More than one million Covid vaccinations were booked over the weekend after roll-out was opened up to everyone aged 18 and over.
NHS England said a total of 1,008,472 appointments were made through the online booking service on Friday and Sunday.
This works out at more than 21,000 bookings every hour, or six every second – and that figure does not include appointments through local GP-led services or people who turned up at walk-in centres in the hope of getting their first jab. The true number of bookings is likely to be higher.
The surge came after coronavirus vaccination bookings were rolled out to all over-18s in England as the government races to step up the vaccination programme to ensure all adults are offered a dose by 19 July, which is the new target date for the relaxation of all Covid restrictions.
Thousands of people formed long queues at Tottenham Hotspur’s stadium in London on Sunday, which opened as a pop-up vaccination centre for one day only.
Despite the long line, the wait was only about half an hour and people were in and out of the vaccination booths within 10 seconds, one attendee said.
It follows similar pop-up centres set up at sporting venues in London the day before.
Giant jab clinics were opened at the Olympic Stadium, Stamford Bridge, Tottenham Hotspur FC, Charlton Athletic FC, Selhurst Park and Crystal Palace Athletics Centre for “Super Saturday”.
Professor Kevin Fenton, regional director for London at Public Health England, said the capital was entering a “summer sprint” to get as many people vaccinated as possible by so-called Freedom Day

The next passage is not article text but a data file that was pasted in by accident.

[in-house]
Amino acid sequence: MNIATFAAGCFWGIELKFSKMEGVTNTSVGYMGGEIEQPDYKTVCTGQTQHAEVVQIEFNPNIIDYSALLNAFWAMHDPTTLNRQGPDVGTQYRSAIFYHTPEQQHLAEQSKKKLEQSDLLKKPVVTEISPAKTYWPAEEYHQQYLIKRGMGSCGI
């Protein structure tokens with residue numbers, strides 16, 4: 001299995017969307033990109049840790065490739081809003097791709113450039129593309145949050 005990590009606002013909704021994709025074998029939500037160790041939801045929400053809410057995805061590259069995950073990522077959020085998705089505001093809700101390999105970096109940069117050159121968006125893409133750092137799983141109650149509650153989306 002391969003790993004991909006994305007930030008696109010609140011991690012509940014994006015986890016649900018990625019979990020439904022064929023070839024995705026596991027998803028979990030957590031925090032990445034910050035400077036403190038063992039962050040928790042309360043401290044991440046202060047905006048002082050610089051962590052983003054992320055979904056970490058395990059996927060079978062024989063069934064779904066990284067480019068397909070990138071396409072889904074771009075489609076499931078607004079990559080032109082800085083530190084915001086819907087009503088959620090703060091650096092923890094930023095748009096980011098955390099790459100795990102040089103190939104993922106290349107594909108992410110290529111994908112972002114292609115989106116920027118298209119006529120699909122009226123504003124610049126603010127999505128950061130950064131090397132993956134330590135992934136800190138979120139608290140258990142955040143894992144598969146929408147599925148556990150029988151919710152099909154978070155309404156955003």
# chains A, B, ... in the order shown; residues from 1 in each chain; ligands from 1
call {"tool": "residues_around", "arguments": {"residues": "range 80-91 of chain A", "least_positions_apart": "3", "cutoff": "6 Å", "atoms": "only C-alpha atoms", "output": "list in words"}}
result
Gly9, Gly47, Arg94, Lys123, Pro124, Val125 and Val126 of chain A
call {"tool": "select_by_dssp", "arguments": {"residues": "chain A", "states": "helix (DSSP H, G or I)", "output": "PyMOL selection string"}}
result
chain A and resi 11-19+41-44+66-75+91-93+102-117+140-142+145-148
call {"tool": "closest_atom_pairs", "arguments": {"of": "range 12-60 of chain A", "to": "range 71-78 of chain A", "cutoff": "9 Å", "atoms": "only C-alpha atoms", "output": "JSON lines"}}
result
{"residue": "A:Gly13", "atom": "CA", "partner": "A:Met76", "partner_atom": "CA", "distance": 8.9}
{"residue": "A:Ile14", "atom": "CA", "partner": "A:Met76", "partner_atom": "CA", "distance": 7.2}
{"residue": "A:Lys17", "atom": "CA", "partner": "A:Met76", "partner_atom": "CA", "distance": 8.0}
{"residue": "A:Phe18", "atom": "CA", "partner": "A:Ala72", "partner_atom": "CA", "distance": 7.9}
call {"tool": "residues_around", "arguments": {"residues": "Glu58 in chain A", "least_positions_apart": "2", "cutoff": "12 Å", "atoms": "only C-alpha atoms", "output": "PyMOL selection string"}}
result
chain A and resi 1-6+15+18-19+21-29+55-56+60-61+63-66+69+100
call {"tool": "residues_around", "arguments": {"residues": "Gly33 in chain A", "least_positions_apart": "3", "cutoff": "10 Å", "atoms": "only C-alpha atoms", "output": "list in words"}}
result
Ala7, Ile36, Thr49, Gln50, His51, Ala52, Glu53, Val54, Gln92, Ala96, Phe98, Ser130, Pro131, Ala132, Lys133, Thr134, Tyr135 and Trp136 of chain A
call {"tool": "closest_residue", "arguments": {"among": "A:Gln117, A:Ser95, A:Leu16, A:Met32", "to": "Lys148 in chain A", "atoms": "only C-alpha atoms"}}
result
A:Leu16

All adults can now book a jab at one of the 1,600 vaccination centres, pharmacies or GP clinics in England available through the national booking service.
Four in five adults have now received their first vaccination, with three in five having received both, according to NHS England figures.
The news comes as experts warn further lockdowns may be necessary as the UK could be headed for a “pretty miserable” winter.
Dr Susan Hopkins, director for Covid-19 at Public Health England and member of the government’s Scientific Advisory Group for Emergencies (Sage), said there had been “rises and falls” in coronavirus cases across the country, with the virus having been “definitely reversed” in Bolton and “stabilised” in Blackburn with Darwen, but continuing to “rise quite fast” in London and the northeast.
Speaking on The Andrew Marr Show on Sunday, she said: “We may have to do further lockdowns this winter. I can’t predict the future – it really depends on whether the hospitals start to become overwhelmed at some point.”
The scientist appeared to suggest it was unlikely that remaining social-distancing measures would be lifted in England sooner than the earmarked 19 July date.
“My strong opinion is the longer we just take our time and get through this period to get the maximum amount of people vaccinated, then that is a positive thing for this summer and to get us through this winter,” she said.
“So my view would be to keep going. We can live at this level and then, hopefully, when we come out of this level of restrictions, which are much easier to live with I think for many of us, then we would be able to get on and get back to normal and stay back to normal for a very prolonged period.”
When asked about Dr Hopkins’s comments, Justice Secretary Robert Buckland declined to rule out more restrictions, telling Times Radio: “The essence of the virus is you can’t ever say mission accomplished.”
Additional reporting by Press Association